It should be understood that the decision on populating the channel load balancing member link identifier structure 320 is not necessarily arbitrary. For example, certain IPTV channels (exemplary represented with a hash value) may be associated with certain member links due to bandwidth considerations. For example, certain IPTV channels may require more bandwidth than other IPTV channels (e.g., a high definition channel requires more bandwidth than a standard definition channel). Since the member links may differ in bandwidth characteristics (e.g., maximum amount of bandwidth), a channel with a high bandwidth requirement may be transmitted on a high bandwidth member link, while a channel with a lower bandwidth requirement may be transmitted on a lower bandwidth member link. Of course, other factors may also be taken into consideration (e.g., quality of service levels for certain channels, quality of service levels for certain subscribers, etc.).

After determining the hash, and which member link the IPTV packet will be transmitted on, the channel load balancing module 220 passes the determined member link to the MPLS processing module 304. At operation 6, the MPLS processing module 304 completes MPLS processing (e.g., adding appropriate labels for the pseudowire and the LSP, adding layer 2 egress encapsulation information, etc.) and transmits the packet over the determined member link.

Thus, unlike a typical PE network element in a label switched network which may perform load balancing on the label stack or layer 2 information, the PE network element 114 performs load balancing on IPTV channels based on layer 3 information of the packet. It should be understood that only using the label stack information to load balance results in all channels from a single source being routed over a single member link. Of course, if a failure affects that single member link (e.g., line card failure), the subscriber loses all of the channels from that source (assuming there is no other backup protection in the network element). Additionally, transmitting all of the traffic on a single member link does not take advantage of the available bandwidth offered by the aggregate link. On the other hand, load balancing IPTV channels on multiple member links makes better use of the available bandwidth of the aggregate link.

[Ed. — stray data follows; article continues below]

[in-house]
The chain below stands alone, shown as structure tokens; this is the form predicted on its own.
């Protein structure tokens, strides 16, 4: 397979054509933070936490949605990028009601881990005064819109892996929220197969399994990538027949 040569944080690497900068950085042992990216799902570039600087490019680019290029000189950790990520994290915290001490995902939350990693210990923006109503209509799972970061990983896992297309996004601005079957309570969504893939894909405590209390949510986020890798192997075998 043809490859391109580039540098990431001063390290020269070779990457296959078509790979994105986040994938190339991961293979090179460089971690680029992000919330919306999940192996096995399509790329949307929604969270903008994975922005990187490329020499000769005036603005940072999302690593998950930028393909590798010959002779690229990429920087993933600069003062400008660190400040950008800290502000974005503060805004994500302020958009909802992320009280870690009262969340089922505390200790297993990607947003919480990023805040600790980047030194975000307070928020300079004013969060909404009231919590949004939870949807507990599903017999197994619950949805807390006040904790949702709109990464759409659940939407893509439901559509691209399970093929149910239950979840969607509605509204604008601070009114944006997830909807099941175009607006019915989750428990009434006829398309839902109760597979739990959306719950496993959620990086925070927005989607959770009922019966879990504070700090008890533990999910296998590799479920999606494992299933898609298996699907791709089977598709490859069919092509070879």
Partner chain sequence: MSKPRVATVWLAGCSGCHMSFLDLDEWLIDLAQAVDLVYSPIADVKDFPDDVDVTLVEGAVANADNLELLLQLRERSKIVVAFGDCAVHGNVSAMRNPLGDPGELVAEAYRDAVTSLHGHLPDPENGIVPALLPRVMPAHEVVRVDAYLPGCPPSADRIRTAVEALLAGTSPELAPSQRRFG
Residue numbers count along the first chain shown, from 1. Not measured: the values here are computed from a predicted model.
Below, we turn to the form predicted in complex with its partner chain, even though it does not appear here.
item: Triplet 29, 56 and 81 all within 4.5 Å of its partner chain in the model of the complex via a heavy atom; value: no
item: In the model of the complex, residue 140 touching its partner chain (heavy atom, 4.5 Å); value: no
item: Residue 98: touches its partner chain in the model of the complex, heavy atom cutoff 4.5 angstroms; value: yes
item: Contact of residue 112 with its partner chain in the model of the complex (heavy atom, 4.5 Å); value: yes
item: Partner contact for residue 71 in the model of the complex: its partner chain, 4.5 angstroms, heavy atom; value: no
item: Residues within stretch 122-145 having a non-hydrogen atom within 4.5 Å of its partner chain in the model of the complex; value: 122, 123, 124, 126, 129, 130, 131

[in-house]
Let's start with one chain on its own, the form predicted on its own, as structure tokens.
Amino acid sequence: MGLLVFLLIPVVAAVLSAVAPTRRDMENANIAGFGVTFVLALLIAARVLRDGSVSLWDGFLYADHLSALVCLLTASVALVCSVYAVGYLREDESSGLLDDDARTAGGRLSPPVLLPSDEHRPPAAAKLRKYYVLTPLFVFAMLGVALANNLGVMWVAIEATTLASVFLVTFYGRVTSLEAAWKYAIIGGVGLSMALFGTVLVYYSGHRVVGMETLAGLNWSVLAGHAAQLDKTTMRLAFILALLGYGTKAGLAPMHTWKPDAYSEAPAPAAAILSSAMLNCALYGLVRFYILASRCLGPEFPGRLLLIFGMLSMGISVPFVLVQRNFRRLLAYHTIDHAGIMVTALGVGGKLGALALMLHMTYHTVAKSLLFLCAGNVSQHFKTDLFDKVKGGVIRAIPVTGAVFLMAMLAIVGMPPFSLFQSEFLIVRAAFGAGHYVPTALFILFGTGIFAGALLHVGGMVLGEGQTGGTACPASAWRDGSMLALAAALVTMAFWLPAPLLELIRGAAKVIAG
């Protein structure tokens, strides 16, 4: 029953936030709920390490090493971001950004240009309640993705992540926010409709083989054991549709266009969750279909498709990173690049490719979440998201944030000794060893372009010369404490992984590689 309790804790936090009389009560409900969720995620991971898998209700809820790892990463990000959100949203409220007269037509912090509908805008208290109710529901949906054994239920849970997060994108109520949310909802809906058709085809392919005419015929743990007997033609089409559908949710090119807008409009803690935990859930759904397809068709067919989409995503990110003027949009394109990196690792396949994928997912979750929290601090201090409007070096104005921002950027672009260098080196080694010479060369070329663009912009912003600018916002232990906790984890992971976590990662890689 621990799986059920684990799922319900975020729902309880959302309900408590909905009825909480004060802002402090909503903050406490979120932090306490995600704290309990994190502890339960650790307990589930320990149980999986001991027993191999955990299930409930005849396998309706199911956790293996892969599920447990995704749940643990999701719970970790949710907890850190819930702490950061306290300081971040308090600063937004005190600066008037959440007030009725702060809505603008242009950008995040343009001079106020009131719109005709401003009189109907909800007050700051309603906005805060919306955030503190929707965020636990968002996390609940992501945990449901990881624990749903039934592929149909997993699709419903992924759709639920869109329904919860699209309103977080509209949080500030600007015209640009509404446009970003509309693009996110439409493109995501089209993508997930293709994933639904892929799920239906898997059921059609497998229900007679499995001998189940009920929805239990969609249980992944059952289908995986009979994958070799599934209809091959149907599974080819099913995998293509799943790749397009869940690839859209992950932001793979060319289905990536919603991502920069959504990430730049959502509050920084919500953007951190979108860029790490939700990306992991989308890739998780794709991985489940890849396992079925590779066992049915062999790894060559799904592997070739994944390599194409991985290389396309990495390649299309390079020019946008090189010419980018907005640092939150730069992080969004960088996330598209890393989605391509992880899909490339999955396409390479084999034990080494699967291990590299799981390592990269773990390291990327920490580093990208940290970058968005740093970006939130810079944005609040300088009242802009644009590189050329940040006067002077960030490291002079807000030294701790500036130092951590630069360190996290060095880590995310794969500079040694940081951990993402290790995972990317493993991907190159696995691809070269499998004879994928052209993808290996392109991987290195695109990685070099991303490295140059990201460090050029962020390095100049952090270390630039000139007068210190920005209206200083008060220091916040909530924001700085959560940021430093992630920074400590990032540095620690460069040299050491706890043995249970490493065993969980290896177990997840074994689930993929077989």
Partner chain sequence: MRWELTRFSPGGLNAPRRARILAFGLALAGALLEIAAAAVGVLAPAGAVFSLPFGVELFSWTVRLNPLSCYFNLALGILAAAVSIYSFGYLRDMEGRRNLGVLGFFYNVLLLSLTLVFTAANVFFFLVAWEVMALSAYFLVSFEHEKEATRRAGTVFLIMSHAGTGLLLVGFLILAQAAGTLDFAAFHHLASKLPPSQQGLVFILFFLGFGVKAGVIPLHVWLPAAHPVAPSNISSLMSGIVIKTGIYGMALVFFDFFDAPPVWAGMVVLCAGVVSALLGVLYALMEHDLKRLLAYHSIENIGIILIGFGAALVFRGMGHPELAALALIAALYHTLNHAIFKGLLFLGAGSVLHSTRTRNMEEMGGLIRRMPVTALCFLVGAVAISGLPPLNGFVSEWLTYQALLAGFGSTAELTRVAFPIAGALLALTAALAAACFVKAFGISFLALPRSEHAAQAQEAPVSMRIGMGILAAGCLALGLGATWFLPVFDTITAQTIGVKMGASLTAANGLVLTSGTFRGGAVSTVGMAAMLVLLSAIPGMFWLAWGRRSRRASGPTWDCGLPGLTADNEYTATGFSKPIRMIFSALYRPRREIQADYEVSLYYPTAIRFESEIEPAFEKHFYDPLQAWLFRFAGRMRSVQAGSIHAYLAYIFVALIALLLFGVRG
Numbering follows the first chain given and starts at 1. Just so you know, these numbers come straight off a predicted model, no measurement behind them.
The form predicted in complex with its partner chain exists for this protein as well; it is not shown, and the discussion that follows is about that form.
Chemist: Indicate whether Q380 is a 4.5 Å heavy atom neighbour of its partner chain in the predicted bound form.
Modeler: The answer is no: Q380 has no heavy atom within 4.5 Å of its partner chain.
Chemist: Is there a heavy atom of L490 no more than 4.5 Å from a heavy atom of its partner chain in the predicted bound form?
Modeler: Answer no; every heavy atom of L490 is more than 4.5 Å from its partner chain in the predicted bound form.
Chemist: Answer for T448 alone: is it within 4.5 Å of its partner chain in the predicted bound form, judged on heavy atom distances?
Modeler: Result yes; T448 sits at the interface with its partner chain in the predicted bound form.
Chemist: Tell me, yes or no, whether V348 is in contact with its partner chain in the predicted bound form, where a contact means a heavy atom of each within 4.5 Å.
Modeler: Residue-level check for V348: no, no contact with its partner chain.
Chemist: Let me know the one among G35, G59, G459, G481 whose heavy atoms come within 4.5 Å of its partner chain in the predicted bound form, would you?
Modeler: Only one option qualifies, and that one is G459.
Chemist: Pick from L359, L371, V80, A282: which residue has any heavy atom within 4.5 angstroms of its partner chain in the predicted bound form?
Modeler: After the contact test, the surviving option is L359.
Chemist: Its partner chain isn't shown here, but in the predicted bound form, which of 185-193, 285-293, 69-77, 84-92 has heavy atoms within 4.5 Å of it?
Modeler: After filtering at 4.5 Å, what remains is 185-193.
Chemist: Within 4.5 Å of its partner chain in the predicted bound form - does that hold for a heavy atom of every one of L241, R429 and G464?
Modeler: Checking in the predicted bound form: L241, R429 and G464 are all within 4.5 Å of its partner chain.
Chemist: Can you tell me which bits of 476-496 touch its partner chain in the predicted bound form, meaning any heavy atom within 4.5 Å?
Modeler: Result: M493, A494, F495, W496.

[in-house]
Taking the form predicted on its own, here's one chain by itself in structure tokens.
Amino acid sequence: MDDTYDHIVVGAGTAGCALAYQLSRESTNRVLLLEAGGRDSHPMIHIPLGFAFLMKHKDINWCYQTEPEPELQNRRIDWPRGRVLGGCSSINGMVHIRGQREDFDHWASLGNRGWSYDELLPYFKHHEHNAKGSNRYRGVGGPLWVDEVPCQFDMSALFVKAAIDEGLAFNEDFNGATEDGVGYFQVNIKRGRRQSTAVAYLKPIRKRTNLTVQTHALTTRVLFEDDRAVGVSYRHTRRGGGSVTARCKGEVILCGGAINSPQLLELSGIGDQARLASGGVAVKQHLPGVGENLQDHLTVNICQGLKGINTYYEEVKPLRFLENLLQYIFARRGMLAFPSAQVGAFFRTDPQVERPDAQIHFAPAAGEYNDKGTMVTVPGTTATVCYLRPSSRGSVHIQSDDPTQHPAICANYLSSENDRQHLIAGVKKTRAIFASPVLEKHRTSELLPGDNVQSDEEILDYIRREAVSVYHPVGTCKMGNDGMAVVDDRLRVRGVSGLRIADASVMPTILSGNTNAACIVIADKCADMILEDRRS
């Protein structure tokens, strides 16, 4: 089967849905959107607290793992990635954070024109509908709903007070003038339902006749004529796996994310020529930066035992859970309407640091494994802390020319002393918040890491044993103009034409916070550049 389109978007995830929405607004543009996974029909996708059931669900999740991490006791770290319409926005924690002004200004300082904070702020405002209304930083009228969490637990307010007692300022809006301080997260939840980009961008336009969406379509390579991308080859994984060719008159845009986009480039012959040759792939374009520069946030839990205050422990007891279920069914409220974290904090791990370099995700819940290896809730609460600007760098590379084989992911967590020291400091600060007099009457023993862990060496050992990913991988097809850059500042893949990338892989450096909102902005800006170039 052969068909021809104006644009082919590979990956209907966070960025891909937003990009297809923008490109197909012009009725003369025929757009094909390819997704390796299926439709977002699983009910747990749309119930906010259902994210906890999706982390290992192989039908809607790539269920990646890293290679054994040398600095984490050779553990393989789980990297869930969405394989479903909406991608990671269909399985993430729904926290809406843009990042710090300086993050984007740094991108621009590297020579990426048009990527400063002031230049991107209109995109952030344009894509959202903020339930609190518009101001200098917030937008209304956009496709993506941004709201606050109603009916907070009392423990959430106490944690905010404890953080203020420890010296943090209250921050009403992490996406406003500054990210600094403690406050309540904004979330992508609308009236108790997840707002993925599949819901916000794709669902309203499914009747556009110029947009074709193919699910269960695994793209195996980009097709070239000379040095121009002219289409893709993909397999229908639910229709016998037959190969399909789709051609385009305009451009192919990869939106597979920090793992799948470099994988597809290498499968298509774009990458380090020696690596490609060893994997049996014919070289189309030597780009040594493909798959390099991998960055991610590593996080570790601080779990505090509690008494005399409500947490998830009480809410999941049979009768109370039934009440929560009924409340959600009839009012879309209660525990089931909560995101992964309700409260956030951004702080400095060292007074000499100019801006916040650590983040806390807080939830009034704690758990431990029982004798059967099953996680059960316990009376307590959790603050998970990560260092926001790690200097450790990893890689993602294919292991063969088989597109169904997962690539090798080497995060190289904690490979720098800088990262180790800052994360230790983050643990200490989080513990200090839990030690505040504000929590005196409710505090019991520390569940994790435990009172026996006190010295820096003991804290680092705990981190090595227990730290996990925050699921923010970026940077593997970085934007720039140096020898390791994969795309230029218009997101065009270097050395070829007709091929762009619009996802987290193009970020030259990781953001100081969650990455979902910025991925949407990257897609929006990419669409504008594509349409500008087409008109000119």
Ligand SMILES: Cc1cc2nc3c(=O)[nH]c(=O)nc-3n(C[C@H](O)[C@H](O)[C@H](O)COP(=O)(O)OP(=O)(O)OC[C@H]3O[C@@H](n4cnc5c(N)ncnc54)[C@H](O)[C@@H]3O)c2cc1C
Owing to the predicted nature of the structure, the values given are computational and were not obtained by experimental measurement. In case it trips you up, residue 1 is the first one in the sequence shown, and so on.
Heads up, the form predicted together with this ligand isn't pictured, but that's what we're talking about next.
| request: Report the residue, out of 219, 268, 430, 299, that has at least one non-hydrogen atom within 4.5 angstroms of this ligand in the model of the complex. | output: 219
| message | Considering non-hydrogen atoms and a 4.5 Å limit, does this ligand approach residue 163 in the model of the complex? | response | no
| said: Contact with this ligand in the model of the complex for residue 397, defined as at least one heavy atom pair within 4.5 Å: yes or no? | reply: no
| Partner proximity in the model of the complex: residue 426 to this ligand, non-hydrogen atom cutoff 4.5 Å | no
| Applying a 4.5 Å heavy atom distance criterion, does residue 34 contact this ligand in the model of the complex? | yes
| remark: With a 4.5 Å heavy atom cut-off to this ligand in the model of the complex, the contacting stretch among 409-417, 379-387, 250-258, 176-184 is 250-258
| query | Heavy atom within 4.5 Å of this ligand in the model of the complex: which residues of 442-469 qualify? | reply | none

Additionally, unlike other load balancing schemes which may transmit IPTV packets from a single channel over multiple member links, according to one embodiment of the invention, each IPTV packet of a single channel is transmitted on the same member link. For example, each IPTV packet of the IPTV channel 4 (exemplary represented by the hash value 4 with reference to FIGS. 5 and 6) is transmitted on the member link 250. It should be understood that transmitting IPTV packets from the same channel over multiple member links may have undesirable consequences such as affecting quality of service guarantees for a particular channel and/or a subscriber (e.g., since member links often have differing characteristics (e.g., bandwidth, cost, etc.), and makes performing debugging more difficult. For example, if subscribers encounter a problem with a particular channel, a network administrator typically performs debugging for each of the member links that carry that channel. Thus, if IPTV packets of a single channel are transmitted on the same member link, the debugging process is simplified (i.e., a network administrator performs debugging on a single member link instead of multiple member links). In addition, in case of one of the member links failing (e.g., line card failing), only those links which are carried on that member link are affected.